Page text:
5 Monthly Profit and Loss Without Factoring With Factoring Estimated Monthly Gross Sales $ 50, % $ 100, % Cost of Goods Sold $ 35,000 70% $ 70,000 70% Estimated Monthly Gross Profit $ 15,000 30% $ 30,000 30% Fixed Costs $ 10,000 20% $ 10,000 10% Variable Costs $ 5,000 10% $ 10,000 10% Factoring Fee $ - 0% $ 3,000 3% Total - Pre Tax Expenses $ 15,000 30% $ 23,000 23% Estimated - Pre Tax - Monthly Net Profit $ - 0% $ 7,000 7% Utilizing this simple calculation based upon reasonable assumptions, it would indicate that this company could barely stay afloat without factoring. With factoring, and the increase in sales, the company is very profitable. This calculation does not assume any cost savings attributable to purchase discounts or any other favorable terms one can negotiate when a company can pay its suppliers immediately. Why is factoring so expensive? Unlike long term financing, each receivable purchase is short term and labor intensive. Factors provide services that traditional lenders do not: credit screening, credit monitoring, invoice processing, customer relationship management, absorption of credit risks, while providing the entrepreneur comprehensive reporting. These services frequently enable the entrepreneur to reduce his/her overhead. Factoring is volume driven, the more you factor, the lower the costs. Ultimately, the decision to factor is a business decision. What are the benefits of this money if it is going to cost 2%, 3%, 4% or more? Most entrepreneurs weigh the costs of factoring against the costs of not factoring. Most often the decision is between factoring and putting up with cash flow problems. If the entrepreneur looses sales opportunities, or backlog order are canceled because of the entrepreneur s ability to deliver due to a lack of cash flow, this will decrease a company s growth and profitability.
6 Generally, documentation required to factor is simple. The entrepreneur begins by filling out a client profile containing such information as the company's name and address, the nature of the business, and customer information. The entrepreneur will be required to supply an accounts receivable aging report, existing customers' credit limits, or other related documents. The factor will attempt to determine the clients creditworthiness independently. The factor conducts due diligence by researching the entrepreneur s customers' credit and any liens placed against the entrepreneur s company. During this initial stage the entrepreneur will also cover basic financial arrangements with the factor. For instance, estimated monthly volume of invoices to be factored, estimated advance rate and the discount rate and how many days after approval will it take the factor to fund. In most cases, the answers to these questions will vary depending on the financial strength of the receivables and the anticipated monthly sales volume to be factored. For example, a long list of high-risk clients will cost more in factoring fees than a short list of government agencies with a slow-pay history. A question that continually arises is Should the entrepreneurs use a financial intermediary for factoring? Intermediaries generally help the entrepreneur obtain financing faster, by: ¾Identifying the right factor and directing the company to it ¾Providing a higher comfort level Assembling a professionally prepared financial package, allowing the transaction to close quicker Further, intermediaries often act as the eyes and ears of the factor and therefore factors feel more comfortable. The intermediary provides deal flow to factors, and therefore an entrepreneur will pay the same or less for deals they bring in. Most importantly, the intermediary s presence in factoring, negotiation and the process provides the entrepreneur with a comfort level to complete the transaction. During the negotiation process, the entrepreneur will become aware of the cost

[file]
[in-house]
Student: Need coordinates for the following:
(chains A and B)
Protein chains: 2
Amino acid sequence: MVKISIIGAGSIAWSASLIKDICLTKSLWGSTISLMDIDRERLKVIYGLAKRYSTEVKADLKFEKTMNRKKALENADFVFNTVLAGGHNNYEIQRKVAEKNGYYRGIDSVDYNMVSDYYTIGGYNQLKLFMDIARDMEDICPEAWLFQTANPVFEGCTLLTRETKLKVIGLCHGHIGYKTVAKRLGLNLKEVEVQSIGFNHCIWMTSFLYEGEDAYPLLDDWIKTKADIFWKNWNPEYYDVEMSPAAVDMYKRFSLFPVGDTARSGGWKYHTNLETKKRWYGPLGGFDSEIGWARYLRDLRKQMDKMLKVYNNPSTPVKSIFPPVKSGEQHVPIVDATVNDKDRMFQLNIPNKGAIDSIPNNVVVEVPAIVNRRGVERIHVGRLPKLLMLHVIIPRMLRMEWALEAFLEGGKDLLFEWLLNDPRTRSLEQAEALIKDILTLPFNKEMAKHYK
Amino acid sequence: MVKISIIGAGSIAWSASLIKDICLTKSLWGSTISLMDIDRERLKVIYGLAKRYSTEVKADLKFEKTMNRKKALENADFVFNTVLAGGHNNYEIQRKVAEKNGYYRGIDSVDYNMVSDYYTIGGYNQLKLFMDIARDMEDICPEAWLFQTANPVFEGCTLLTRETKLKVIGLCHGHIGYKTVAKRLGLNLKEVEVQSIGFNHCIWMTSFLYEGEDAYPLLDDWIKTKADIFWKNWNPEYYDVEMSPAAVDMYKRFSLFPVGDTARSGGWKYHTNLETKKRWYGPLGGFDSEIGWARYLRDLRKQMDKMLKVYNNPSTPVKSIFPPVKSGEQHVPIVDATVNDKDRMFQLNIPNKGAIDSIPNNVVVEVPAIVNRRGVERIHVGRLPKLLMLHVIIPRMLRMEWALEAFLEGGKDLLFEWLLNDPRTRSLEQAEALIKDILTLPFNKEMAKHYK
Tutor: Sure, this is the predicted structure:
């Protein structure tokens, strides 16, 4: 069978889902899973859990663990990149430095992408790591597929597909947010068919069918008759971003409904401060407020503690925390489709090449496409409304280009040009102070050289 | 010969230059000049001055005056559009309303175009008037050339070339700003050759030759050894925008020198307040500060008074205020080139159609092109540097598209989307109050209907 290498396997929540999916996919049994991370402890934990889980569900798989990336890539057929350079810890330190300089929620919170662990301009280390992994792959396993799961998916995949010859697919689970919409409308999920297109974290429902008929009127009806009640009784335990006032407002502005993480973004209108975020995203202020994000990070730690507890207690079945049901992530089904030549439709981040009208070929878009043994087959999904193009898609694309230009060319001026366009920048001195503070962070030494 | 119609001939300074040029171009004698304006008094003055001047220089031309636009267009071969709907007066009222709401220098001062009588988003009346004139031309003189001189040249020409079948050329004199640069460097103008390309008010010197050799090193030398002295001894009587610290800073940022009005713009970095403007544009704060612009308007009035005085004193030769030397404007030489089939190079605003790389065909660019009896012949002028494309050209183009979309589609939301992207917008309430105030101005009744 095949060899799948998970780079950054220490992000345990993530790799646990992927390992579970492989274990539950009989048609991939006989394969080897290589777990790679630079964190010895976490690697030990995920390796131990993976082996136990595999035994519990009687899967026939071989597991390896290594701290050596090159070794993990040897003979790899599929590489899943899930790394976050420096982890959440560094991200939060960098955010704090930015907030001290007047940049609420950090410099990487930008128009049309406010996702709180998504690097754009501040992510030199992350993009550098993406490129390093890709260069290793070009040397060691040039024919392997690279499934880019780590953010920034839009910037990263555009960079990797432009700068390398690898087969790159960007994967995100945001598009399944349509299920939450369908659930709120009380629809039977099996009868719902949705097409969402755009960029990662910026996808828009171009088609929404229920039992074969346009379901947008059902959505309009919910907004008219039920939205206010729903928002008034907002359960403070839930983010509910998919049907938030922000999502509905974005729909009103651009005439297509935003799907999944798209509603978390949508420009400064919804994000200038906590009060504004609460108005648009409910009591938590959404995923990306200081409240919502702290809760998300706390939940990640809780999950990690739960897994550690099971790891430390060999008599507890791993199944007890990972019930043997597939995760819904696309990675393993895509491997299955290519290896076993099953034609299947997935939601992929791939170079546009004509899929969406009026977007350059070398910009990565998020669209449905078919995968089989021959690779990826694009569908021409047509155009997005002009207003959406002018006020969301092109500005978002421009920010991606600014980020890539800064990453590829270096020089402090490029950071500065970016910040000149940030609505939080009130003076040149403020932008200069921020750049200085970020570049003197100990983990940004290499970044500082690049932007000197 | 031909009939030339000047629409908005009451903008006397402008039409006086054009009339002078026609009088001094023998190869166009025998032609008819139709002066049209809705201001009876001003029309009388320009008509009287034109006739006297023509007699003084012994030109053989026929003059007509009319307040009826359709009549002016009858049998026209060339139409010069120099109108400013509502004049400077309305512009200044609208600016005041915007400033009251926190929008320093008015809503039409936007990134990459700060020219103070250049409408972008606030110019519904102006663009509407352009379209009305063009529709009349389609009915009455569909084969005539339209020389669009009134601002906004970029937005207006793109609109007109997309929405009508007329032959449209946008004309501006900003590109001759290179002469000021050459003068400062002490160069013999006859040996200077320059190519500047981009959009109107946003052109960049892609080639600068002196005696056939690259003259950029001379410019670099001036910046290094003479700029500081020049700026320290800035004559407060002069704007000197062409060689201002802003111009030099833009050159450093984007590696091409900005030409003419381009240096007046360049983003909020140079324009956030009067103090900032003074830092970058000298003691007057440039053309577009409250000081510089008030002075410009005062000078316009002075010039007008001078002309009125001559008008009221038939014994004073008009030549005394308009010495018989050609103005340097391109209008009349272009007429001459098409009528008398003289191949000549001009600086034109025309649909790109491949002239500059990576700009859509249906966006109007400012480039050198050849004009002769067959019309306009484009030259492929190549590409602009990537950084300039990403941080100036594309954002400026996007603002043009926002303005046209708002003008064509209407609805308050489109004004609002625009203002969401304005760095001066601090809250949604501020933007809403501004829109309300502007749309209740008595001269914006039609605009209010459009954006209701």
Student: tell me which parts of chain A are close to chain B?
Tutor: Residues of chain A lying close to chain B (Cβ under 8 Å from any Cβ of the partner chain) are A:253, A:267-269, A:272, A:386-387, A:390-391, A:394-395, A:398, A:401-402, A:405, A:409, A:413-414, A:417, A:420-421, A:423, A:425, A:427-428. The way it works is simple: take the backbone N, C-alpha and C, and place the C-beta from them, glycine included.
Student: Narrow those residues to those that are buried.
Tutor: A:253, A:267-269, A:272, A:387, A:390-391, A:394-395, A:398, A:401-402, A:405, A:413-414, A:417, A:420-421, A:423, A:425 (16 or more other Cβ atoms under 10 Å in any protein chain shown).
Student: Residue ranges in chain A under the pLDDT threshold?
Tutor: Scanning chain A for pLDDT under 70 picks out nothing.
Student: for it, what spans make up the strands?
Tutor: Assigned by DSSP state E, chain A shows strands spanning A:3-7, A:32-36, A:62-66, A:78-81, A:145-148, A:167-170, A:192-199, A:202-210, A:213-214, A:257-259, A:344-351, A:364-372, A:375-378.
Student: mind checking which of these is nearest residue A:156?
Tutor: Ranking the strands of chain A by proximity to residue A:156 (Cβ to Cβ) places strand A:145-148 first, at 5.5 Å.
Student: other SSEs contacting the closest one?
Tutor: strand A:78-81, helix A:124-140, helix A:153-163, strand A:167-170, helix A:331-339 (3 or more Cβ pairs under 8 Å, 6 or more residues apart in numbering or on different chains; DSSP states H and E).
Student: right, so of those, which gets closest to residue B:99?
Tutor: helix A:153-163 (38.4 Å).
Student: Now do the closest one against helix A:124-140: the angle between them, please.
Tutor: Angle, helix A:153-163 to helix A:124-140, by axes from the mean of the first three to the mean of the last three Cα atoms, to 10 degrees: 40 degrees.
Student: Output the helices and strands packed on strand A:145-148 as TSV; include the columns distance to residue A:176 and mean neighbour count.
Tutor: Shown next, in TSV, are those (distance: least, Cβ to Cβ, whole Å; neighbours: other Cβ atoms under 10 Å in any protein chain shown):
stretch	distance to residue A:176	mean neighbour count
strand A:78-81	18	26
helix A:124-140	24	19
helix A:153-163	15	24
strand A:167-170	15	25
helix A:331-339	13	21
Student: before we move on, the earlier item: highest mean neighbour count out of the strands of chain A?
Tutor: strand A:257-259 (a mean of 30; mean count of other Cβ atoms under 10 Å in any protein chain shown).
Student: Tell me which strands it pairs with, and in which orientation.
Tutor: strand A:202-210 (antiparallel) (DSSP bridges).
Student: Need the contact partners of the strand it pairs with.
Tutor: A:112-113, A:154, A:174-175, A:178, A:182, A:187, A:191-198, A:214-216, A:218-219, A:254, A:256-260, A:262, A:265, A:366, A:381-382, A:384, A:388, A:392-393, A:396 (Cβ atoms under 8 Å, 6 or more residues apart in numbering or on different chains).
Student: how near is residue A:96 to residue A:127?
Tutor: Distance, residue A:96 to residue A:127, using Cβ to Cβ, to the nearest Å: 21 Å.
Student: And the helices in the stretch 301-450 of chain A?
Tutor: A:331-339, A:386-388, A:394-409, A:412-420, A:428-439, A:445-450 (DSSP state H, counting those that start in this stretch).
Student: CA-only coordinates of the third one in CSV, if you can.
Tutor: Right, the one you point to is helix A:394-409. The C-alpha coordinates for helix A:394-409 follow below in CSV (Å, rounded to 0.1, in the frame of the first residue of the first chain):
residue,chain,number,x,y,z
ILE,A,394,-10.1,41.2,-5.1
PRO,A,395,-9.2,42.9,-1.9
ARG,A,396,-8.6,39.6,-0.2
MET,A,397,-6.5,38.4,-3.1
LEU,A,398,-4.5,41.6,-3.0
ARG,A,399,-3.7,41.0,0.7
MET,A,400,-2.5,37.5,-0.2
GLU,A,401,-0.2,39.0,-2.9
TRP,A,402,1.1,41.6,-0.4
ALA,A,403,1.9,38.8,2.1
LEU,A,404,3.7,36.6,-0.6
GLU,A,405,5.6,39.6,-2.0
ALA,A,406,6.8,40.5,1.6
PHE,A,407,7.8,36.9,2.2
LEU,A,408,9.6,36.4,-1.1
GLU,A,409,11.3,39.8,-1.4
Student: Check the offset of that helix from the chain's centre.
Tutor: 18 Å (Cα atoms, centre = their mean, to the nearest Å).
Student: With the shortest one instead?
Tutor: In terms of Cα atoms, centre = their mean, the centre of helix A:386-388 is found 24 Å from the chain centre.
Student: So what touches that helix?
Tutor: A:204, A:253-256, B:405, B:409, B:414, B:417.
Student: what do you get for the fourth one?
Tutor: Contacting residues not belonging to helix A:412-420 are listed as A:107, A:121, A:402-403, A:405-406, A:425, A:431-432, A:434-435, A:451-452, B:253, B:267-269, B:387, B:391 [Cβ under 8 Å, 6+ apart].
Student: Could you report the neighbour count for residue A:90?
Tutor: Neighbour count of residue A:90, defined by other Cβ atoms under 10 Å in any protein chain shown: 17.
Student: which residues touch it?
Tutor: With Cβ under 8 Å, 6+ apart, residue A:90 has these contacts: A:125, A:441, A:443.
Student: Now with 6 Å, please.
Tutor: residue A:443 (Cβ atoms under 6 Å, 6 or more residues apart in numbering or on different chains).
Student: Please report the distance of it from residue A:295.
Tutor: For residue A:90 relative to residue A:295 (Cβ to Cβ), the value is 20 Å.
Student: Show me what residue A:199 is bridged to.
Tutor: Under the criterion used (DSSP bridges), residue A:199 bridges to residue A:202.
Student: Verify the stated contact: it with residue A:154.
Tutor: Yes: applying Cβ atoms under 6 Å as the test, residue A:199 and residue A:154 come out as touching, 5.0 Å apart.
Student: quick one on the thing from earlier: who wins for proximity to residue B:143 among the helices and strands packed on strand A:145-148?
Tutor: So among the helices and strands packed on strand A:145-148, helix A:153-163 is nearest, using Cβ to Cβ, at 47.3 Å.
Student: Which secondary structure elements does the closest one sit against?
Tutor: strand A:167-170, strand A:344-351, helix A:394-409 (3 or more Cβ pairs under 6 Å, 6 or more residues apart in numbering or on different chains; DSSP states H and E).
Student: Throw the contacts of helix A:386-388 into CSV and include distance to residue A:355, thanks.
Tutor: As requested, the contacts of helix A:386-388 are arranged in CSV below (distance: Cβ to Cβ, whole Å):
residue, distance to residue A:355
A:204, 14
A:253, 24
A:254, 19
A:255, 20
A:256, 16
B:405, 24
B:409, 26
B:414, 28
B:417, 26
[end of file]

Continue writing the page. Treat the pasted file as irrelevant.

7 of factoring accounts receivable. After an agreement is reached with the factor, funding begins. The entire process can take less than 10 days from the factor s receipt of application. Financial Maturity is a registered trademark owned by Morris Bocian. Copyright Creative Business Planning Incorporated. All rights reserved. All information is from sources deemed reliable. Such information has not been verified and no express representations are made nor implied as to the accuracy thereof, and it is submitted subject to errors and omissions, and is subject to change or withdrawal without notice.